The solution? According to men who are grappling with this issue, it’s quitting cold turkey. Studies show that frequent consumers of porn who are suffering from sexual performance and satisfaction issues need to abstain from porn in order to enjoy real sex again. Or even enjoy real sex for the first time! The time to recovery depends upon how many years a person has been watching porn, but it’s generally 6-9 months. Currently, older men recover faster than young men because those older men didn’t grow up with the internet and have had fewer cumulative years of exposure.

I must admit, this is medicine I need to take myself. On those days when I’m writing from home, stuck on where the plot goes next, it’s a fun form of procrastination to bring myself to a five minute orgasm by clicking over to Xhamster. And though I’d much rather be having sex with my partner, I’ve got to wonder now if my little habit might be numbing the real deal.

I don’t consider myself addicted to internet porn, just as I don’t consider myself an alcoholic though, indeed, it takes more booze now to get me buzzed than before I moved to England. So I’ll admit, I could be doing myself harm with both the booze and the online bonking. My New Year’s resolution then is to take a break from watching other people fuck. (I’ll keep the wine, thanks.) I want to focus entirely on the erotic, sensual and tactile experience of my flesh and blood partner. I don’t want my arousal to be driven by the online images of someone else’s fantasy. This is not to say that visual and literary erotica can’t have a healthy place in our sex lives. They can. But get smart about what you consume. Certainly, there’s nothing sexier and good for the soul than gazing at, and feeling, your own lovely lover when you reach that pinnacle of quivering ecstasy.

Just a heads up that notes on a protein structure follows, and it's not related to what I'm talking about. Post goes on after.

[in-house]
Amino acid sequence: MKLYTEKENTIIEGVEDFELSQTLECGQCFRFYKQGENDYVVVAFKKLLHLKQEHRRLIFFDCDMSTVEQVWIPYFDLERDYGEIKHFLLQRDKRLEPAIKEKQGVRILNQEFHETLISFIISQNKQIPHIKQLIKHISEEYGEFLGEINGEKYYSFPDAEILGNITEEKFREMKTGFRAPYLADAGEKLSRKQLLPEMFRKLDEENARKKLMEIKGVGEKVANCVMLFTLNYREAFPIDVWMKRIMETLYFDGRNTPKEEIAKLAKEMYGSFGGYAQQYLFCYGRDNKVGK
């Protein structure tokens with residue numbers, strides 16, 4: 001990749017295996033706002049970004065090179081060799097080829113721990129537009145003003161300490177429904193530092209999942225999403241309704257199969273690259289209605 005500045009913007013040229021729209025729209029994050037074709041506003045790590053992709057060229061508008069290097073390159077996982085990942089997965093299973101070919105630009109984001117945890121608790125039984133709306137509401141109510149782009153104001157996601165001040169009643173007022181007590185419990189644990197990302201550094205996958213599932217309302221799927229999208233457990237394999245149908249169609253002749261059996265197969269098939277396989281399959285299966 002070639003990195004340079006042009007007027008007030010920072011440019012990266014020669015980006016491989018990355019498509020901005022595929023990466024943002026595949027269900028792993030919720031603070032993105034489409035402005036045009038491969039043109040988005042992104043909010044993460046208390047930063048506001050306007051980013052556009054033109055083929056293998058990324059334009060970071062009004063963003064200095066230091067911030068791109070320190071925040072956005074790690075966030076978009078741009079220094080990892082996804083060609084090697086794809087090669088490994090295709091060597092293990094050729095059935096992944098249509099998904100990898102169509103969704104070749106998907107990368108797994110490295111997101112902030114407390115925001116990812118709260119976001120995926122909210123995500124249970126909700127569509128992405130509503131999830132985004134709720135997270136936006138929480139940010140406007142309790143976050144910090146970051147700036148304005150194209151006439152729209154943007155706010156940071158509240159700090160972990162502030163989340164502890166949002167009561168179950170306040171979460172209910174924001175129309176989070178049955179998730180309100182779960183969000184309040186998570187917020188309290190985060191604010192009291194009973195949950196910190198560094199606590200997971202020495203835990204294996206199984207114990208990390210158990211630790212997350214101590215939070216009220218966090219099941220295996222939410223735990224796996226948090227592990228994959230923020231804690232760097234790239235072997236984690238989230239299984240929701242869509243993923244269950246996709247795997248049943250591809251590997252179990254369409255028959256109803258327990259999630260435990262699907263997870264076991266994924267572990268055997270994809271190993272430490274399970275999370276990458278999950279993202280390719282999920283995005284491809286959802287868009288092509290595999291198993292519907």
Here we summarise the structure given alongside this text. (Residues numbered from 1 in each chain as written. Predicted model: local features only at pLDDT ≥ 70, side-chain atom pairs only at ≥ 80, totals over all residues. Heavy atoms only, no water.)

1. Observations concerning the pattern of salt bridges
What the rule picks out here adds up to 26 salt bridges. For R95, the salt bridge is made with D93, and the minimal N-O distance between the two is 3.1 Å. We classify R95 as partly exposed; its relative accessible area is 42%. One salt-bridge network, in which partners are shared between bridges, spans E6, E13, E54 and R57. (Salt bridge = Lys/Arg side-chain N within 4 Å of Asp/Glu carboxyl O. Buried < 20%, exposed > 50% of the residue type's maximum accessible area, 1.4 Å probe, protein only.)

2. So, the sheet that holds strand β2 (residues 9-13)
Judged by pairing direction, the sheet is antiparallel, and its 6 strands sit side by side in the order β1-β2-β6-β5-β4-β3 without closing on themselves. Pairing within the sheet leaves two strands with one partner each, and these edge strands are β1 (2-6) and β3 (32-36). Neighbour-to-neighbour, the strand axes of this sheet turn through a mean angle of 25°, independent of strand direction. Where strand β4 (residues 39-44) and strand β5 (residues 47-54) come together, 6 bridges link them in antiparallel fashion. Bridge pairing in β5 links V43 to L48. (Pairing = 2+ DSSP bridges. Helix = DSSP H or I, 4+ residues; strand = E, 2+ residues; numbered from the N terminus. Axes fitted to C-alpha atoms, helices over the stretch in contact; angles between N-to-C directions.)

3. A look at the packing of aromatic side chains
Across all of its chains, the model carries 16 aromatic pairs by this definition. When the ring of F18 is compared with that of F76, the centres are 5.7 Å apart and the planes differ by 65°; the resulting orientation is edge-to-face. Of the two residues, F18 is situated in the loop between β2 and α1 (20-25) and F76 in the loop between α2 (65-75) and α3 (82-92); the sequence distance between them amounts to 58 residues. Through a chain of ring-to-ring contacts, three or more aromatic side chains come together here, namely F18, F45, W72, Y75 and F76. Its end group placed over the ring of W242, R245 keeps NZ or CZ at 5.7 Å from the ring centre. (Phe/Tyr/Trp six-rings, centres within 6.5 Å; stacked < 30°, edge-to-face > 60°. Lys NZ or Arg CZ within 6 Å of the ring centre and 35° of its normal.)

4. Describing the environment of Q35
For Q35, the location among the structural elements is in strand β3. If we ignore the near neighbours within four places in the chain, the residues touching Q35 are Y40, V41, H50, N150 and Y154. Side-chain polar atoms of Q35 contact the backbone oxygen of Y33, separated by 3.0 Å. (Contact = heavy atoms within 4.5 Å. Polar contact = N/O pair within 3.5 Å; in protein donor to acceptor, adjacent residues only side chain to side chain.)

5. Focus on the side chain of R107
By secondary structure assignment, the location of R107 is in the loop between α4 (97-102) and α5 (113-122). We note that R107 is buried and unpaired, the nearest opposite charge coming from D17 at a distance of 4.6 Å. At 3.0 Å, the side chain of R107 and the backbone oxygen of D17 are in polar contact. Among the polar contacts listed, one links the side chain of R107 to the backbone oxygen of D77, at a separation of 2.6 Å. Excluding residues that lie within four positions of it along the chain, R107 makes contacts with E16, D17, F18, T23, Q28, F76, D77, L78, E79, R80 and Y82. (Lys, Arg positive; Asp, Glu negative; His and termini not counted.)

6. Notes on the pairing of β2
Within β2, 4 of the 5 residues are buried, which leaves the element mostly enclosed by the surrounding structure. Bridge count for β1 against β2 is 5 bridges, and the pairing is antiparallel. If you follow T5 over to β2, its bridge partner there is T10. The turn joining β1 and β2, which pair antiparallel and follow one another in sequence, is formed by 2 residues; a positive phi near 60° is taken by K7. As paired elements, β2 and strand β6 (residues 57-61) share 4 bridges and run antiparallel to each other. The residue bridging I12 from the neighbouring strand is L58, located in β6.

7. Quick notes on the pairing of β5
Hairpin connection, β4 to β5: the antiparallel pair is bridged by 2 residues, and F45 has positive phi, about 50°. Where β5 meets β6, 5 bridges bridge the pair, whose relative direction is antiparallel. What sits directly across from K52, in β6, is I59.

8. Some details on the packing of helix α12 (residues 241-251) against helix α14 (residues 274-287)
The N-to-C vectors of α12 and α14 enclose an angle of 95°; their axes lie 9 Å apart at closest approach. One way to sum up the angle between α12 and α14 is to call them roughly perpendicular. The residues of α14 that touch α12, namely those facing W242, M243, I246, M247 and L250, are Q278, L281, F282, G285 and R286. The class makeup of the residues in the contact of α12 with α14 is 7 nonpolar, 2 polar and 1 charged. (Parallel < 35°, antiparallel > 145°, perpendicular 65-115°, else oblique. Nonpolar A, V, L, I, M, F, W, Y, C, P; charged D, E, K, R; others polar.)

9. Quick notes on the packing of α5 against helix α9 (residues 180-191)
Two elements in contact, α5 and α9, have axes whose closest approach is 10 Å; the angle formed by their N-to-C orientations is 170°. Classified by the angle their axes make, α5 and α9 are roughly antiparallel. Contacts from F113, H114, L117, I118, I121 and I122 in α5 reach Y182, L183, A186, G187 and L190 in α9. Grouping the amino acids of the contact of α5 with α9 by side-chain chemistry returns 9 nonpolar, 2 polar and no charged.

Happy New Year!

Love, Karin

Have a question or comment? Write to me: relationships@ermagazine.org

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Discussion

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  • yummy fur says:

    The most interesting thing about internet pornography is that it is a reflection of the complete lack of understanding of the people who make it and view it. Its real value therefore is invisible without knowledge. Wielded with knowledge it is a tool that can be used to heal instead of harm. Used without any understanding, it just creates more confusion and there is no way out.